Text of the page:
News - News Releases 2022


Central Bank of Malta Business Dialogue publication – Second edition of 2022

Meetings held between the Central Bank of Malta and non-financial corporations during the first quarter of 2022 show that:

  • Overall business conditions have softened somewhat but remain positive.
  • Short-term expectations about business activity improved.
  • Investment plans have largely remained on track.
  • Firms plan additional recruitment but continued to express concerns about labour shortages and wage pressures.
  • Cost pressures have remained elevated and are partly reflected in higher selling prices.

In the first quarter of 2022, business conditions remained positive but have softened somewhat when compared to the final quarter of 2021. Indeed, the net percentage of firms reporting an improvement in activity over the three months preceding the interview decreased from 36% in the last quarter of 2021 to 31% in the first quarter of 2022. During the quarter under review, 48% of firms contacted reported higher activity, while 18% reported a decrease.

Looking ahead, expectations about business activity have improved, although uncertainty about future activity has increased too. In fact, 40% of the firms interviewed reported that they expect business activity to increase over the next three months, while 2% anticipated a deterioration. A net share of 39% expected an amelioration in near term business activity, up from 33% in the previous quarter.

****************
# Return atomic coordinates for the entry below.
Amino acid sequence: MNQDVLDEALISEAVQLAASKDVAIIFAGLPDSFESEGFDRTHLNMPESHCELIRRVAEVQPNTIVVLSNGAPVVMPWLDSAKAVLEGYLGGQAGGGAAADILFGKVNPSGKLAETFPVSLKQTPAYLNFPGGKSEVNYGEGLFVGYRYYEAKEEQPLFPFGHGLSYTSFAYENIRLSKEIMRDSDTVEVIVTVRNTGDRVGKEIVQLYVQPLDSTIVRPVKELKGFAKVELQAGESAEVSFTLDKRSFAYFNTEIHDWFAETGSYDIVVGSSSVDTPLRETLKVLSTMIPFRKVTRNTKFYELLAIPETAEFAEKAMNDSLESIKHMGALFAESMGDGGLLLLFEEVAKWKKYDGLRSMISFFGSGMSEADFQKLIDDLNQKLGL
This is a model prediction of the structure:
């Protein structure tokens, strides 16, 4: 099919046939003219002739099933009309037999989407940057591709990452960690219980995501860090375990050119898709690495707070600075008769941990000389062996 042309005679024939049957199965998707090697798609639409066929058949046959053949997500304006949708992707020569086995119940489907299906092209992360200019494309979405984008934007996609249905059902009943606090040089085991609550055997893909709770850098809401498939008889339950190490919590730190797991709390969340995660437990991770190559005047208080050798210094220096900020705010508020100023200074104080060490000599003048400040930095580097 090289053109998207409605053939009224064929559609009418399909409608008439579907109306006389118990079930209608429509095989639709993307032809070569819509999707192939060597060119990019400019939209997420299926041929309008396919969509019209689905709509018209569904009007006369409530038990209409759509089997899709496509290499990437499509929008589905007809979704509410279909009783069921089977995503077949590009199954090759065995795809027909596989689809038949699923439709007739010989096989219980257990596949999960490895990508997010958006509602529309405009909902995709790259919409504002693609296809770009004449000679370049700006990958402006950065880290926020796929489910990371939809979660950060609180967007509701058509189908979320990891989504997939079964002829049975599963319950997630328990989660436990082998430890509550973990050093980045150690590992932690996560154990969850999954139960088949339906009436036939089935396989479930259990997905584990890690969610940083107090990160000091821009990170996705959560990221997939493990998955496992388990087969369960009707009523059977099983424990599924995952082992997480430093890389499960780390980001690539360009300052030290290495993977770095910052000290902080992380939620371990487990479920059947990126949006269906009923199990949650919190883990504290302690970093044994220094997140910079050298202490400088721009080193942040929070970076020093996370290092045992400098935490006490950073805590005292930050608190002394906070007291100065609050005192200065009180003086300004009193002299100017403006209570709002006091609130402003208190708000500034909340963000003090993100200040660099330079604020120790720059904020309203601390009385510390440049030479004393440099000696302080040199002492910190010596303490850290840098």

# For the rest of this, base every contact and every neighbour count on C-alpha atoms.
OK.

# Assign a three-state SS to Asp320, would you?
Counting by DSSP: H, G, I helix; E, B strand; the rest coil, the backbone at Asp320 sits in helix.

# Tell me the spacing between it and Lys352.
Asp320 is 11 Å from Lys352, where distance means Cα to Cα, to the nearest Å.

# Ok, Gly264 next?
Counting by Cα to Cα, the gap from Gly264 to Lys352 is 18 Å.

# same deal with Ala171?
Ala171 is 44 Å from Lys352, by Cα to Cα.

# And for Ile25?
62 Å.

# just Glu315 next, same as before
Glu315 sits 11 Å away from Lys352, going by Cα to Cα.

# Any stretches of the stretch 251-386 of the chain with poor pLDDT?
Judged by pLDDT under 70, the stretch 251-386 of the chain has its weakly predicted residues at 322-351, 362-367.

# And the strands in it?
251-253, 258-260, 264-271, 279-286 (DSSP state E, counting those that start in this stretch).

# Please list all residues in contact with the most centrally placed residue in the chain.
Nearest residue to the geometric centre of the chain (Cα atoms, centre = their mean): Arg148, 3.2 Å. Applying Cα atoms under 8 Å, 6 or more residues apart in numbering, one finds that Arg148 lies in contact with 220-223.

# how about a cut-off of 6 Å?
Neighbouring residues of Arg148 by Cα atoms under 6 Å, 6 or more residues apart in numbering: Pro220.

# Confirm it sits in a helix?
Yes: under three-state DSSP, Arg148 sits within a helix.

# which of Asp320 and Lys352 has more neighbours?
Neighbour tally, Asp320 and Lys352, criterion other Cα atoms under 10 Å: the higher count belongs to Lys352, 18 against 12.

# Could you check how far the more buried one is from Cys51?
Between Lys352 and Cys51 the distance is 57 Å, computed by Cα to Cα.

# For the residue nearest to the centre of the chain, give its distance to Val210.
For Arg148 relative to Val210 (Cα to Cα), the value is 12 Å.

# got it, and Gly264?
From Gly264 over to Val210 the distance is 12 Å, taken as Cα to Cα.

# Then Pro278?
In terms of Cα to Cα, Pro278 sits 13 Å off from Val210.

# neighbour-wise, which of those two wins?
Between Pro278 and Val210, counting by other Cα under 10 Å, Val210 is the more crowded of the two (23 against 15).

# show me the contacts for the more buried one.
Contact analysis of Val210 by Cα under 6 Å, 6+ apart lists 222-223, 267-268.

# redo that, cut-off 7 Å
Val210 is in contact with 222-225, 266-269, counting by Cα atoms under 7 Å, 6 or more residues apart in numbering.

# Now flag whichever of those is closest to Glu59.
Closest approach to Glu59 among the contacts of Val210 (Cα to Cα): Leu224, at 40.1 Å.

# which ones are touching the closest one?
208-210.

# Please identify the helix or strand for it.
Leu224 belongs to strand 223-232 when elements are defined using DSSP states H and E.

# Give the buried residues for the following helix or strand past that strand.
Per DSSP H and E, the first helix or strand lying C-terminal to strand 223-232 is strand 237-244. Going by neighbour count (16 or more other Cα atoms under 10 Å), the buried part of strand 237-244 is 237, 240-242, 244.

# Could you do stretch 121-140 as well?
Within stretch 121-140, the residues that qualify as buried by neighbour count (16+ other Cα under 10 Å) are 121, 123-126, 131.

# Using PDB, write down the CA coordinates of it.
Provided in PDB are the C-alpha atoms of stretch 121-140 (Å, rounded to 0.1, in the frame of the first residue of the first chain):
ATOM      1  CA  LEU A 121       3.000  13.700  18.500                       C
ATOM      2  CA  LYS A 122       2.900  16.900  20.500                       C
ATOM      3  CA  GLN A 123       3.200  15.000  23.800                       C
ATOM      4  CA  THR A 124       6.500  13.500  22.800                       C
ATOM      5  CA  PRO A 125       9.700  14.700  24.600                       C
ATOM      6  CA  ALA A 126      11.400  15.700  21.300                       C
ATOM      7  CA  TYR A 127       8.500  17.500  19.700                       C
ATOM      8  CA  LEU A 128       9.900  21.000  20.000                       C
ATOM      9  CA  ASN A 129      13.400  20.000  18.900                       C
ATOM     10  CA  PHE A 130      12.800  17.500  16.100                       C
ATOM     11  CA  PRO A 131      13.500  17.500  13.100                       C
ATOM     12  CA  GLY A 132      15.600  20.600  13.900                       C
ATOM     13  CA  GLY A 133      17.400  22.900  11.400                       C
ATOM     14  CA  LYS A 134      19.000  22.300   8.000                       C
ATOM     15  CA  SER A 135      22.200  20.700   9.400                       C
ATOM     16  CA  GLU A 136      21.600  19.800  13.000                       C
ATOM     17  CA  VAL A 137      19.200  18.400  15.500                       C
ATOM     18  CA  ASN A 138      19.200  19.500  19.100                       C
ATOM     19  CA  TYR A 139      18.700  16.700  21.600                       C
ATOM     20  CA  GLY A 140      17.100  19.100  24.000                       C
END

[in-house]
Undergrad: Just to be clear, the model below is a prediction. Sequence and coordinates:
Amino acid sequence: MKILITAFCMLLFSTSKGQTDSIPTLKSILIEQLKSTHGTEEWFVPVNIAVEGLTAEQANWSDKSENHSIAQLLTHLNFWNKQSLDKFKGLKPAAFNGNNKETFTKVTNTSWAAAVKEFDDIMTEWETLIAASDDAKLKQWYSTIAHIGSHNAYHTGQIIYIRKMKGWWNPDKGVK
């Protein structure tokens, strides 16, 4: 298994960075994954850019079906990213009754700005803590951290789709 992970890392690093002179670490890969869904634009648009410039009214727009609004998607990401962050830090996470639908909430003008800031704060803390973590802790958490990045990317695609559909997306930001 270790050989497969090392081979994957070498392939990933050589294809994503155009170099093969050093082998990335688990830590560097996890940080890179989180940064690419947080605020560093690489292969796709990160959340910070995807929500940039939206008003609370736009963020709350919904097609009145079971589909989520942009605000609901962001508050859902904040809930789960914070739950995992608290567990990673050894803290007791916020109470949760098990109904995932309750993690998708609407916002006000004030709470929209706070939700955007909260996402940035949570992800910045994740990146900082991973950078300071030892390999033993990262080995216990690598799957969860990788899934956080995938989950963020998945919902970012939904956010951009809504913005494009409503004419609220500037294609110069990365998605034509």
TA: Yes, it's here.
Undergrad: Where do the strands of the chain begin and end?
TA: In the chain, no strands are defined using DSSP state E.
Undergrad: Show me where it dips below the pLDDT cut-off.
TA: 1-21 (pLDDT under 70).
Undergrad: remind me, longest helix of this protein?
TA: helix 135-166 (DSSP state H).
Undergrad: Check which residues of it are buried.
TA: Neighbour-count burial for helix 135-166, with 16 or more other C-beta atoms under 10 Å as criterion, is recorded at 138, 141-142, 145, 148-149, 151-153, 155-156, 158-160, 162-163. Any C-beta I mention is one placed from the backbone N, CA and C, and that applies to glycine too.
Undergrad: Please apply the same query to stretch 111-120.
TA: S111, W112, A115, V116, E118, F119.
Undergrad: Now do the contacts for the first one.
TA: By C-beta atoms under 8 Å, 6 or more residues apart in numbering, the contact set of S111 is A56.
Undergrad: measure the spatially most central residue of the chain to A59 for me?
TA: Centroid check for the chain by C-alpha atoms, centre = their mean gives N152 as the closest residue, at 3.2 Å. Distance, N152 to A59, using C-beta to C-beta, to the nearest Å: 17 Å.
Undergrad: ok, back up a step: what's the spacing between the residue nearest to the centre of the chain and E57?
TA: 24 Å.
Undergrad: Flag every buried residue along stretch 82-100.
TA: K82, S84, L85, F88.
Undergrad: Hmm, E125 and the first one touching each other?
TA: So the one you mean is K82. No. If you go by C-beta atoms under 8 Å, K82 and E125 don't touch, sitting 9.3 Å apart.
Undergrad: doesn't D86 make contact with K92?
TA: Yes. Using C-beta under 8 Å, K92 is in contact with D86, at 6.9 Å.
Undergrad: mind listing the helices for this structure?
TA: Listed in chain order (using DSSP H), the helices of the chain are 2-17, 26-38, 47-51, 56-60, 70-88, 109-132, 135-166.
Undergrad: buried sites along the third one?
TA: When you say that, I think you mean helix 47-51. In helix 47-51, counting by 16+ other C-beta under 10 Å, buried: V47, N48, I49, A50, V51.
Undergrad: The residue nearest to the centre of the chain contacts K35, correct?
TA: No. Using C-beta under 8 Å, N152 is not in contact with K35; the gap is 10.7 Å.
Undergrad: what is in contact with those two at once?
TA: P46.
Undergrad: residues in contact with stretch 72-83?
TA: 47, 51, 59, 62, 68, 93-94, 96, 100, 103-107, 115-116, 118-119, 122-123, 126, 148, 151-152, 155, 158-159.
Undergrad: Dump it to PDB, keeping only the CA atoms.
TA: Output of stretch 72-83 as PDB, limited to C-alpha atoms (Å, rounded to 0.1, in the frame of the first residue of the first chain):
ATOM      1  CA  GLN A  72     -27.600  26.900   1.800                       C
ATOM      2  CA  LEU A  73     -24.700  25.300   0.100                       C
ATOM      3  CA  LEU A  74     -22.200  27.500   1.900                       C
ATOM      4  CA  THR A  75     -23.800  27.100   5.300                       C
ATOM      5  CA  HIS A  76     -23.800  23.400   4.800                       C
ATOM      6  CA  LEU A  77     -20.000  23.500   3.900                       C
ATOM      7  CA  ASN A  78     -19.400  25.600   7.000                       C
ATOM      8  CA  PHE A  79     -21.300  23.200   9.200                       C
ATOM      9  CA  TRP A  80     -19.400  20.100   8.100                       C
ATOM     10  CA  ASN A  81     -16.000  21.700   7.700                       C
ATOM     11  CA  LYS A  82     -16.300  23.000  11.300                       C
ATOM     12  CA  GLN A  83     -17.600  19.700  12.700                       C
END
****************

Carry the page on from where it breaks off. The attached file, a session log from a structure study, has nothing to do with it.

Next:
Firms continue to be adversely affected by supply-chain disruptions and cost pressures, which have remained elevated in the first quarter of the year. Initial insights regarding the impact of the Russia-Ukraine conflict suggest some further intensification in supply disruptions and input price increases. Indeed, a net 80% of contacts reported that input prices have increased. In part due to elevated cost pressures, a net 38% of firms interviewed reported an increase in their selling prices.

In the first quarter of 2022, 74% of respondents reported to have continued their investment plans as scheduled, while 5% reported postponement, which marked an improvement from previous quarters. The share of respondents that cancelled investment plans increased marginally to 3%. The share of firms reporting that no investment was planned increased too, mainly due to a number firms having just completed significant investment in recent months.

In view of positive business conditions, a net 35% of firms plan to increase their staff complement, down from 38% in the previous quarter. This small decline was largely driven by services firms, offsetting improved employment expectations in industry and in the wholesale and retail trade sector. Firms have continued to express concerns about labour shortages and pressures to increase wages.

The full publication is available here.

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